HBC is bringing back the Zellers brand

Hudson’s Bay Co. is bringing back discount retail brand Zellers inside its Hudson’s Bay stores, more than a decade after selling the store leases to U.S. retailer Target Corp.

The company declined interview requests about the relaunch, but said in a release Wednesday that it plans to resurrect Zellers in major cities across the country. It also plans to launch a new Zellers.ca ecommerce site, part of a stated objective to make the revived brand a “digital-first shopping journey.”

The company said that new Zellers brand “taps into the nostalgia of the brand Canadians know and love, while introducing a refreshed identity and a unique and exciting product assortment for families at everyday value.”

Anchor categories at launch will include housewares and home décor, furniture, small appliances, toys, and pet accessories, as well as what it described as a “design-led, value-driven private brand.” The company said that the product assortment and categories will grow throughout the year, including the introduction of apparel.

Hudson’s Bay first resurrected the Zeller’s brand last year as a pop-up shop in a Toronto-area Hudson’s Bay store, suggesting that other pop-ups would follow. At the time, there was some speculation that the pop-up was a trial balloon to see if the brand still resonated with Canadian shoppers.

Hudson’s Bay did not say how much space within its stores would be allocated for the Zellers pop-ups.

Before its demise, Zellers’ marketing was famous for brand mascot Zeddy and its longtime positioning “The Lowest Price is the Law.”

Zellers’ chief business officer Adam Powell acknowledged in the release that the slogan was a “calling card” that helped the banner “establish itself as more than a retail destination, but a place to build and support community.”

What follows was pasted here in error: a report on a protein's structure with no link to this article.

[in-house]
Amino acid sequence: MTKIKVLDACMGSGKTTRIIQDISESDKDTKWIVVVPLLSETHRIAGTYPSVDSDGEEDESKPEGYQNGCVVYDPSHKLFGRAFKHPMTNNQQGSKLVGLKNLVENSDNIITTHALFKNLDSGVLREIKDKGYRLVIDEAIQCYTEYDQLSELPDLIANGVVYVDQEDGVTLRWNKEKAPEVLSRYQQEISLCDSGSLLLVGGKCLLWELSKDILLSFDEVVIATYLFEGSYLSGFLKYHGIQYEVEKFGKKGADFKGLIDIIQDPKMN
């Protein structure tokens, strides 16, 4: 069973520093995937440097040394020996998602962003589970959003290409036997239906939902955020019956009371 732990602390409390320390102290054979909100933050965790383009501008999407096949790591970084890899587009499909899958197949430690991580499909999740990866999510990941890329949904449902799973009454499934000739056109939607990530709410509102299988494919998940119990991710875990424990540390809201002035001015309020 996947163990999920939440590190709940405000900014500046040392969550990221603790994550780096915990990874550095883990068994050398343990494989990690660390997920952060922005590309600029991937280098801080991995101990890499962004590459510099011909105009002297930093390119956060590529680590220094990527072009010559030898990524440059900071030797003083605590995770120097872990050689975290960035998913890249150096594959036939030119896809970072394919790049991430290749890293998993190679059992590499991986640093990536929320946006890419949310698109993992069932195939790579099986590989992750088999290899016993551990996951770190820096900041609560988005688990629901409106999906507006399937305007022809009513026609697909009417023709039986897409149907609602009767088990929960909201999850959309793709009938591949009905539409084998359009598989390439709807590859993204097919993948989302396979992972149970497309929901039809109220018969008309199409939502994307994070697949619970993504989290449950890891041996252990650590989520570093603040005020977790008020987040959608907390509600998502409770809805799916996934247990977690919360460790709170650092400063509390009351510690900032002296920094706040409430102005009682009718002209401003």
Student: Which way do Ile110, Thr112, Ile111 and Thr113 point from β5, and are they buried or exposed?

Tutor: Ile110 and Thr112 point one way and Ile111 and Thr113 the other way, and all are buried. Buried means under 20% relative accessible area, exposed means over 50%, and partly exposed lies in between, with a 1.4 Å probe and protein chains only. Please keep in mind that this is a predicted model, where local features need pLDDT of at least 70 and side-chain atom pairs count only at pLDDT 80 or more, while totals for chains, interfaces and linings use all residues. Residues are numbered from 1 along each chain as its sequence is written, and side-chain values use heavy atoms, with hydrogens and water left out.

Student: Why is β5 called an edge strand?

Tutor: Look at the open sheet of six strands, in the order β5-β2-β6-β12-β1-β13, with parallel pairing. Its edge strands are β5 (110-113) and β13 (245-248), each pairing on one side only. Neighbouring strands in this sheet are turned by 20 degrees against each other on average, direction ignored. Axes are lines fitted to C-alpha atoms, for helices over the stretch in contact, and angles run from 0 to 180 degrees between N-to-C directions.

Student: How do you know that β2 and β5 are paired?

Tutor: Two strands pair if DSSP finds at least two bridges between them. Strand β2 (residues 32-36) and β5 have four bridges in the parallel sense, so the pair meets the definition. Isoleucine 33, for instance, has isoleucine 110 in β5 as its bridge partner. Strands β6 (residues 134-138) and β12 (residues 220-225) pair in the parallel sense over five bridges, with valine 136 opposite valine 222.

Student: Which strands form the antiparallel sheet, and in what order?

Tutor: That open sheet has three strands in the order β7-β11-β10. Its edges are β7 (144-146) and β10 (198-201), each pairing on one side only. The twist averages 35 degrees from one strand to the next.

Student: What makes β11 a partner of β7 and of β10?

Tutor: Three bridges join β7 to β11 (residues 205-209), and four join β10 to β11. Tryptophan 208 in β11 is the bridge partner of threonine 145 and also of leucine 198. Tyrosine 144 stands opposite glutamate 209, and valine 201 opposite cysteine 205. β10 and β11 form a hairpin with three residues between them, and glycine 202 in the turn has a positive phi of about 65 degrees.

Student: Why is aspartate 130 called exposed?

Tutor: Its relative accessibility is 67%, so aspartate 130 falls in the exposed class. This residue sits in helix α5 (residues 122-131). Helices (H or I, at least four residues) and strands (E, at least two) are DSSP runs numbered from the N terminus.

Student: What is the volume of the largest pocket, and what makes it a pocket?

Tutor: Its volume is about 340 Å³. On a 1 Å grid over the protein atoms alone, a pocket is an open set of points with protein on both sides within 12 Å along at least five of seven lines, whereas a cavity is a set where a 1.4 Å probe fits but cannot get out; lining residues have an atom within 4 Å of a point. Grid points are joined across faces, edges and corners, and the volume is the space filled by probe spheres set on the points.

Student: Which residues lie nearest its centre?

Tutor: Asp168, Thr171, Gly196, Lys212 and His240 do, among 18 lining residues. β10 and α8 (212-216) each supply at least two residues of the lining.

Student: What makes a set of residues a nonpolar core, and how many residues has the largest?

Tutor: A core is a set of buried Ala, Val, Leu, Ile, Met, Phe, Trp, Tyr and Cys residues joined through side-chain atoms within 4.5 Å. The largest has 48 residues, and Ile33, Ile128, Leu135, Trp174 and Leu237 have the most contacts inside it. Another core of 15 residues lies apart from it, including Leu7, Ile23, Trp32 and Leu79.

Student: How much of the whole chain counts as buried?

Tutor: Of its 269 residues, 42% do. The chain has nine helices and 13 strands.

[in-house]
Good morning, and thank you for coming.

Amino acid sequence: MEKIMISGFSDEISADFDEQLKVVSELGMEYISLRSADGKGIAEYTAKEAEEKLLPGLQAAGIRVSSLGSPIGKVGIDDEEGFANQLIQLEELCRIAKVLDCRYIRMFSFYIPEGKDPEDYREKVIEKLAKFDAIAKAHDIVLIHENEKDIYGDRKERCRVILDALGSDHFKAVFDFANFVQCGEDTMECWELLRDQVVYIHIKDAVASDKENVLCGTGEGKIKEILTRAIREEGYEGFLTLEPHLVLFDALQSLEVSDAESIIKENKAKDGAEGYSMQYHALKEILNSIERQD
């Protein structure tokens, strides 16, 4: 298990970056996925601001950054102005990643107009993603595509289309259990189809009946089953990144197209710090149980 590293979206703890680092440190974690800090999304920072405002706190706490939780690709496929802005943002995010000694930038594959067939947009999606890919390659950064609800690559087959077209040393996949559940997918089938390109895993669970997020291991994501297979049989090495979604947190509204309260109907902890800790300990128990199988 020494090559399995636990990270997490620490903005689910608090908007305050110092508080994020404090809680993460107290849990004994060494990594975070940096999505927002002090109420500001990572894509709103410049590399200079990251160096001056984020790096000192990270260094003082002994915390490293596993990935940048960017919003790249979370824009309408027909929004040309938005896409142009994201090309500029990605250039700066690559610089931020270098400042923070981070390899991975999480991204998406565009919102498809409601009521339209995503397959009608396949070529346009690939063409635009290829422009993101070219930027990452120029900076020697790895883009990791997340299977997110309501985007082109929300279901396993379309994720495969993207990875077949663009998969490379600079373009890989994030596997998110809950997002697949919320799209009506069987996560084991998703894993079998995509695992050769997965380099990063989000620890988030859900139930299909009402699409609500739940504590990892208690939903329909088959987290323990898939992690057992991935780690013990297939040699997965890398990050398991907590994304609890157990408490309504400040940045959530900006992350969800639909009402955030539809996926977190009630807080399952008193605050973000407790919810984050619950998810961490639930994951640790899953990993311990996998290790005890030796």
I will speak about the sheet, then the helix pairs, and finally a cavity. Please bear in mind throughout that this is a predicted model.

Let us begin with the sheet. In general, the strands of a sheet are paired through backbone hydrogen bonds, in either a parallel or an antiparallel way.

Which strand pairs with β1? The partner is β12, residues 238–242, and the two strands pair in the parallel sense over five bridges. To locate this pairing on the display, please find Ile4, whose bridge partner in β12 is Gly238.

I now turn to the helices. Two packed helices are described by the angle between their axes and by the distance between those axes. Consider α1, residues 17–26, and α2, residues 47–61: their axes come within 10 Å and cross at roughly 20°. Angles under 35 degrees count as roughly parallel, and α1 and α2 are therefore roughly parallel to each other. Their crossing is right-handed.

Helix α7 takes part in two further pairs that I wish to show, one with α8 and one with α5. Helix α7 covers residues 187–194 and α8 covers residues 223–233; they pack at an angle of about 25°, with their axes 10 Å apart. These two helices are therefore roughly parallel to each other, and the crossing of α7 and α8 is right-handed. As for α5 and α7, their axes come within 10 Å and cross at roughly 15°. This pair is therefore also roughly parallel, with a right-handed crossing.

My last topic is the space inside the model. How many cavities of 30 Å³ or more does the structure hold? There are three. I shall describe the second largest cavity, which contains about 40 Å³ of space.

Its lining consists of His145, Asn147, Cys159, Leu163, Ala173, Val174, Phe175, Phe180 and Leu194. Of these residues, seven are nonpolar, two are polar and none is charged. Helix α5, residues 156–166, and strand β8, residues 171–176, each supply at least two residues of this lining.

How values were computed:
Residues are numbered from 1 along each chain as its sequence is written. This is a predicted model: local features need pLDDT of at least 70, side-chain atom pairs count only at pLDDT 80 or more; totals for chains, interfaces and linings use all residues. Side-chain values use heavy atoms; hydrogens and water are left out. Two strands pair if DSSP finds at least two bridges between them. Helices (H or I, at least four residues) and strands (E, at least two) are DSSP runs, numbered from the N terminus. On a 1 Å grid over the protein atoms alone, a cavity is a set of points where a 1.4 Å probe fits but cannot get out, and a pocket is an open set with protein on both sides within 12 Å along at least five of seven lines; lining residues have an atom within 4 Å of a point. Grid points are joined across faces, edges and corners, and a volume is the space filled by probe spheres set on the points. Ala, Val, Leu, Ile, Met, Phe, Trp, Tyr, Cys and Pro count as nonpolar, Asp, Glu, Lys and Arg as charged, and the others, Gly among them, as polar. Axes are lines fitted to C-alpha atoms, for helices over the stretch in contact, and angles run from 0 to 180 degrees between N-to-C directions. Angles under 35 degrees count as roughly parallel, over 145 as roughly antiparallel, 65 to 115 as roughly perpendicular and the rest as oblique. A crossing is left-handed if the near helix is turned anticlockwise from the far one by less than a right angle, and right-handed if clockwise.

HBC has been working with FCB Canada for creative, but a spokesperson said it would not be the agency for the Zellers brand.

Last month, longtime Loblaws marketer Shelley Tangney announced on LinkedIn that she was joining the company as divisional vice-president, marketing, for Zellers. She had spent more than nine years in various marketing roles with Loblaw.

“There couldn’t be a better time to join North America’s oldest retailer and most iconic, purpose-driven, digital-first brand to help re-write the rules of retail,” said Tangney in her post.

Launched in 1932 by Walter Zeller, Zeller’s positioned itself in the early days as “retailers to thrifty Canadians.” It had grown to 155 stores across the country by 1976 launching several innovations along the way, including the first in-store restaurant, the Skillet, as well as an auto-centre and its first store in a suburban mall.

It reached $1 billion in revenue in 1983, passed $2 billion mark in 1989, and $3 billion by 1993, but its momentum was slowed by the arrival of U.S. retail giant Walmart in 1994. In 2011, after years of slumping sales, HBC announced that it had reached a deal to sell the leases of 189 Zellers stores to Target for $1.8 billion.

Zellers’ generally cheery and wholesome marketing turned towards the darkly humorous after the company announced the sale. One memorable 2012 spot featured a fictional CEO informing Zeddy that “Everything must go, and that includes you,” before unceremoniously dumping the mascot in the woods.

A subsequent spot saw Zeddy alone and afraid, trying to befriend an old tin can and struggling to subsist on berries (which gave him terrible stomach cramps). The mascot was subsequently adopted by Camp Trillium, an Ontario non-profit supporting children undergoing cancer treatment.

Ironically given the fanfare that accompanied Target’s arrival in Canada Zellers would end up outlasting the U.S. retailerin Canada. It’s ill-fated stint in Canada began in 2013 and was over just two years later, while two Zellers stores in Ottawa and Toronto remained open until 2020.

But Canadians continued to (somewhat) fondly remember the brand even after its demise. In 2020, the social media star Brittlestar created a video tribute called “Moving Target,” in which he lamented the chain’s departure, even while acknowledging that people did tend to view the often frumpy retailer through Zellers-red coloured glasses.

“Zellers is a brand deeply rooted in the Canadian experience,” said Powell. “Spanning generations, people hold distinct connections to Zellers through shared experiences with family and friends, and we look forward to building on that in the future.”

Chris Powell